Q & A with Graeme Simsion, author of "The Rosie Project"

The Rosie Project has been a word of mouth phenomenon since it's publication in 2011.  The warmhearted and funny story of Don Tillman and his efforts to find a wife resonated with readers all over Australia and further afield, making first time author Graeme Simsion a bestselling author.
And now there is a sequel - The Rosie Effect.
Graeme Simsion was kind enough to take some time to answer some questions about his new book for us.  See what he had to say about The Rosie Effect.

PP:  The sequel to your bestselling book The Rosie Project, called The Rosie Effect has just been released.  Can you tell us a little about what to expect from the new book?

GS:  More of Don.  And Rosie and Gene and Claudia and Dave.  Plus, a few new characters.  Once again, Don will be under pressure, this time with a great deal more to lose - job, marriage, liberty.  and he'll tackle the problems in his own totally logical way.

PP:  So Rosie and Don are about to take part in a Mother and Father Project!  Does Don have a name for this new project?

GS:  The Baby Project.

PP:  We understand that Don is an amalgam of people who you have worked with.  Can you tell us a little more about how you found his voice?

GS:  You're right - Don was stitched together from fragments of people I know, with a little bit of myself, of course.  (There's a bit of me in every character, even Rosie).  There is no "Real Don" out there looking for a partner!  The voice began with the voice of a good friend, whose story also inspired the first draft of The Klara Project, which became The Rosie Project.  Much has changed since then besides the title.  My friend doesn't say greetings!   (But I have this other friend who does.....)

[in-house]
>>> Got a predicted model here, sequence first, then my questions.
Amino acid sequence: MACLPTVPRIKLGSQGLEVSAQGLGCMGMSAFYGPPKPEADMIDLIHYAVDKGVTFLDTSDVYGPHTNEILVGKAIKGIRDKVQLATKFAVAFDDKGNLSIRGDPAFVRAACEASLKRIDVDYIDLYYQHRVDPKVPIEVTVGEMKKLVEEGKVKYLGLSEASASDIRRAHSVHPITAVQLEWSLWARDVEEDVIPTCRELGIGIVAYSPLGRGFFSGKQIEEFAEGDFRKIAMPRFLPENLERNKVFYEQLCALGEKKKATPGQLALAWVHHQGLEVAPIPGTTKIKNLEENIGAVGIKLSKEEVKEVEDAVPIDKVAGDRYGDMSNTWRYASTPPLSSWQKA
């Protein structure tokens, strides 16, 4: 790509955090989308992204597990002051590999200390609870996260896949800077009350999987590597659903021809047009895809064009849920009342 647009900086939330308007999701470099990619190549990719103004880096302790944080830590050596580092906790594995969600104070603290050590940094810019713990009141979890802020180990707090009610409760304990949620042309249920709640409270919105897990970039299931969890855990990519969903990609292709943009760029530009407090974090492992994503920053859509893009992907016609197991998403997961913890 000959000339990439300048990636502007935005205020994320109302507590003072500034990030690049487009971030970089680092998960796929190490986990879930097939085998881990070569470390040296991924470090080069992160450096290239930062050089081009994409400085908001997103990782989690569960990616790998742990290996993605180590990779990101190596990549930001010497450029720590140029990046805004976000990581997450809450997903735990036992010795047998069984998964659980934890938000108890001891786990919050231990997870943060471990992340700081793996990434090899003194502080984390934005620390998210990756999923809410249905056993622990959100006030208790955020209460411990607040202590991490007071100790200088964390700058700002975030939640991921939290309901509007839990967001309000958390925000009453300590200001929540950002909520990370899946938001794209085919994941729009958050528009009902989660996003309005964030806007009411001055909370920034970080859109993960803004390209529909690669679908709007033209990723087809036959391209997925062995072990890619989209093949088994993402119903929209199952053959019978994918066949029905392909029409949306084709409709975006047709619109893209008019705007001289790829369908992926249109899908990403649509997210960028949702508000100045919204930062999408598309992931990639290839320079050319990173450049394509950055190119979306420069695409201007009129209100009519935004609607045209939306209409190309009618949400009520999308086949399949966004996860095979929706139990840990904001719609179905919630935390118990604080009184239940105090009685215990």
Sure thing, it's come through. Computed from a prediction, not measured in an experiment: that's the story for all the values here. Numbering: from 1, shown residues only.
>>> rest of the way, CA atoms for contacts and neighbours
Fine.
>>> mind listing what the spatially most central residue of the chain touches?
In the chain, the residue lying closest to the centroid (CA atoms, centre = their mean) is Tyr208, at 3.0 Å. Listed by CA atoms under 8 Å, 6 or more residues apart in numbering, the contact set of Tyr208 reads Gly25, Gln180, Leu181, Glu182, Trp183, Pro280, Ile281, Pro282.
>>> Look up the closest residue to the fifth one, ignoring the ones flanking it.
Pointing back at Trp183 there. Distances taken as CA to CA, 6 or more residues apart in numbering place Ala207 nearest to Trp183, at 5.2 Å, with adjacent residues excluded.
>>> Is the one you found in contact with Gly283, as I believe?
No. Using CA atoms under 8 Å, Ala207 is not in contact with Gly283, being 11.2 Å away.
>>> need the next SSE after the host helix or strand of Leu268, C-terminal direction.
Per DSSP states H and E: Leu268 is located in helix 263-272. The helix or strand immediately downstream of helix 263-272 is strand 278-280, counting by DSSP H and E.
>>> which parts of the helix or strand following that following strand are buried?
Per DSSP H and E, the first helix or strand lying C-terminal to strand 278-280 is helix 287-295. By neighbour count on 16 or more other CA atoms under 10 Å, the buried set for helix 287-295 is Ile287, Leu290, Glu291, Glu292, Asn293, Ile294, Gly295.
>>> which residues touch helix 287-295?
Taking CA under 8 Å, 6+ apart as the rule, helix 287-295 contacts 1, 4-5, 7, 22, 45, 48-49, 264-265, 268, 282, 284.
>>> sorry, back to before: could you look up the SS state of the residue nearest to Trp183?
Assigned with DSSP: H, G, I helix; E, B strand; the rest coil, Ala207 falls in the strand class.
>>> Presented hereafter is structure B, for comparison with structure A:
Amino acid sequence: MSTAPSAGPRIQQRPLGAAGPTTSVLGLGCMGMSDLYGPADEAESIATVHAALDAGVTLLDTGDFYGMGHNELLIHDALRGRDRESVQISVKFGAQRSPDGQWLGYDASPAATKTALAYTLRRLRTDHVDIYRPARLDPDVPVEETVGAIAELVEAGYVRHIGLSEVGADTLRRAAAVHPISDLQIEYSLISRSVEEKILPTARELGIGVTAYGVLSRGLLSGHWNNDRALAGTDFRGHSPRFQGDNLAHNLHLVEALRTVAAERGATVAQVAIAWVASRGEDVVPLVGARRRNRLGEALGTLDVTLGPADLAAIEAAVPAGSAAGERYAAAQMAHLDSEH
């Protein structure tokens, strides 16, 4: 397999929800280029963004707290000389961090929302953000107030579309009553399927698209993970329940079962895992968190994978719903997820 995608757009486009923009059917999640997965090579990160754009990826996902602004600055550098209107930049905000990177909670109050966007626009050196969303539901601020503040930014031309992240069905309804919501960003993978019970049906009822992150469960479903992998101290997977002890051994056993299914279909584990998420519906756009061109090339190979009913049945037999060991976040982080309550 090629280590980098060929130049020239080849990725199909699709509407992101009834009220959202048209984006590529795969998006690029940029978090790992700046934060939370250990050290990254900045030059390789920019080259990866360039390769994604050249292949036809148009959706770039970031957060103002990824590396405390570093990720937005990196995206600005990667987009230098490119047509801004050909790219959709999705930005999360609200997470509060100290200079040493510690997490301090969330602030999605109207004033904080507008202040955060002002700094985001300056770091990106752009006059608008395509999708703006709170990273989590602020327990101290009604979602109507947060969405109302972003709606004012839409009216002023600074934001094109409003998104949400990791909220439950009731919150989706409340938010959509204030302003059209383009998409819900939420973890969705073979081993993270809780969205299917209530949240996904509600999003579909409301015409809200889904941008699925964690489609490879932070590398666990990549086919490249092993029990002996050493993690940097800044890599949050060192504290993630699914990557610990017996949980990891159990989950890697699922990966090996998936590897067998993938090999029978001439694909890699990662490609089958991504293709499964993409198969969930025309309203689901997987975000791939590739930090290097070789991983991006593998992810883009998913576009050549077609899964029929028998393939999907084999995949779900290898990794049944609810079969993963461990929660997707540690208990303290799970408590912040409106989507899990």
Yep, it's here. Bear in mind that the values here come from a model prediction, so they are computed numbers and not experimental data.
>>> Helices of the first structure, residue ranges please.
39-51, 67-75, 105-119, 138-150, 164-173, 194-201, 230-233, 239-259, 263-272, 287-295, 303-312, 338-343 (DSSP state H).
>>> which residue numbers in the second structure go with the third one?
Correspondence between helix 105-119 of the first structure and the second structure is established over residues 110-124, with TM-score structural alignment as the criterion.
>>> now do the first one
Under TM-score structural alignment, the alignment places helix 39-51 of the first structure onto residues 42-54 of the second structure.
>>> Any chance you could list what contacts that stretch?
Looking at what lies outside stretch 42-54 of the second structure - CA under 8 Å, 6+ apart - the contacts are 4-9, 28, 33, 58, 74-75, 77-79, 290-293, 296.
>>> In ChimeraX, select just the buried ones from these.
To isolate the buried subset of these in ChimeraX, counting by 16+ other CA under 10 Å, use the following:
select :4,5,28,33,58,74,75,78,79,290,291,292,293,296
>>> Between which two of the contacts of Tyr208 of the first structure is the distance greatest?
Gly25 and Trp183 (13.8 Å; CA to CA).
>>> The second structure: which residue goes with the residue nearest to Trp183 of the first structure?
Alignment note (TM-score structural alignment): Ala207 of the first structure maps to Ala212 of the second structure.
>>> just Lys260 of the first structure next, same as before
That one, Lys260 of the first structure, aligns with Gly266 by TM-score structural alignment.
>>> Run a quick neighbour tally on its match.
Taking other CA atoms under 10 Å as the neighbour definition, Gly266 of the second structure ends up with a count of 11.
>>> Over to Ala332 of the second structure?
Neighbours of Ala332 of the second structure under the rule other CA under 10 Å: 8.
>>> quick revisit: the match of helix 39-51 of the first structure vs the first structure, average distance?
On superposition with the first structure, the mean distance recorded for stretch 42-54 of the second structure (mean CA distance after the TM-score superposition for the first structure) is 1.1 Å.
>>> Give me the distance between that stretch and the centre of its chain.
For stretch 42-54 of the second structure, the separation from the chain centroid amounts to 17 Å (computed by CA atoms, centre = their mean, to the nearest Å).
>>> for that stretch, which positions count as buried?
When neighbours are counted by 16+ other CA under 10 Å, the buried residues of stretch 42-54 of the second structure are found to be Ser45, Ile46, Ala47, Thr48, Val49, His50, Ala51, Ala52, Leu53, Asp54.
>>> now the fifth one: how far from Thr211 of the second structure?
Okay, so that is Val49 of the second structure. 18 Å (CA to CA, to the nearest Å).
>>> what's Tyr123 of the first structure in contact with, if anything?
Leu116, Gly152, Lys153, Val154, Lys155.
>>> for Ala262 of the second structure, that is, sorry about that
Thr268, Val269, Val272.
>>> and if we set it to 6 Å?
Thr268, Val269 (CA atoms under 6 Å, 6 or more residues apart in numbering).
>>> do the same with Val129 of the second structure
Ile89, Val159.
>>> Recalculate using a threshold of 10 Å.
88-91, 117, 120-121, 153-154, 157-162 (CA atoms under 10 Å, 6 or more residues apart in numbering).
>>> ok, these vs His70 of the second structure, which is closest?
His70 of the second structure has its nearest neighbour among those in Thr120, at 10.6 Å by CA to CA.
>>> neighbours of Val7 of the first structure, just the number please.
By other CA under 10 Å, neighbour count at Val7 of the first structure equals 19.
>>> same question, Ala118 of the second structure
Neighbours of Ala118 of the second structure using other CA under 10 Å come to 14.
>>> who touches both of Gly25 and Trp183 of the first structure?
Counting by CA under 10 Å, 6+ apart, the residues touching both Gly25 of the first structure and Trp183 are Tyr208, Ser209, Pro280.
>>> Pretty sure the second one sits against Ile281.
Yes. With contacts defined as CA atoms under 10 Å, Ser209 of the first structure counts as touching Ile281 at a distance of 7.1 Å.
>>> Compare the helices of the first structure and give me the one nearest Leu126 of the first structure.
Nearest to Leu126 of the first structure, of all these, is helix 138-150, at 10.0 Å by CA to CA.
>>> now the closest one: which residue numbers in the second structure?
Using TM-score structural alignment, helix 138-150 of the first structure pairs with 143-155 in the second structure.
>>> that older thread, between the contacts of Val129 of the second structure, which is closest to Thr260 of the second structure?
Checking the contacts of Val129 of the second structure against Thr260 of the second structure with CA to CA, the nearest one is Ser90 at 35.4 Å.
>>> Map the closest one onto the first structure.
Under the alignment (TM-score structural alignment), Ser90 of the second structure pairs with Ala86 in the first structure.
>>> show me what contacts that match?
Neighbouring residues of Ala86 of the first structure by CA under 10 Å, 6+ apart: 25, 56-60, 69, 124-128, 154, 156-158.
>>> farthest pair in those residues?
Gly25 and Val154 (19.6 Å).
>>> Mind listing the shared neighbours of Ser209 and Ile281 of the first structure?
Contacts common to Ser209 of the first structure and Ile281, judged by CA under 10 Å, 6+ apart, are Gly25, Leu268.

PP:  And Rosie?

GS:  Rosie too was stitched together from fragments of people I know, but less consciously.  Friends have since pointed out that she speaks a bit like X; she looks a bit like Y; she's got an attitude a bit like Z.  Where X, Y and Z are different people!

PP:  Don is a great writer of lists.  If you were to write a to-do list for aspiring authors, what would be on it?

GS:  Item 1:  Imagine your goal is to be a neurosurgeon or a professional tennis player or to play in a symphony orchestra (or a sucessful rock bank, depending on your taste).  Plan to do the same amount of work to get there (there are probably few jobs as bestselling authors and more aspirants).
You'll pick up the other items along the way.

PP:  A year and a half on from when The Rosie Project was published, it is still a huge bestseller in Australia and abroad.  Why do you think that your book has struck such a chord with readers?

GS:  It appeals to a very broad range of readers:  from people looking for a fun love story to those interested in what I hope is a commentary on the human condition.  It addresses a topic - the autism spectrum - that's currently attracting attention (and many people know someone on the spectrum).  And readers find it laugh-out-loud-funny.

PP:  You've said in the past that you wrote The Rosie Project very quickly as you had already developed the idea as a screenplay.  How then, was writing The Rosie Effect?  And is The Rosie Effect screenplay on the cards as well?

GS:  Easier.  I had the main characters, the voice and some experience in writing.  With The Rosie Project I was still learning the basics of the craft.  No news on the screenplay yet.

PP:  And a film of The Rosie Project - is that coming to our screens soon.....?

GS:  The screenplay is in development with Sony Pictures.  No casting or release date yet.

PP:  Are you reading anything great at the moment?

GS:  I'm about to pick up This House of Grief by Helen Garner, having just finished a very close read and critique of my partner's (Anne Buist) manuscript for Medea's Curse, to be published by Text in January.

The Rosie Project and The Rosie Effect are in store now.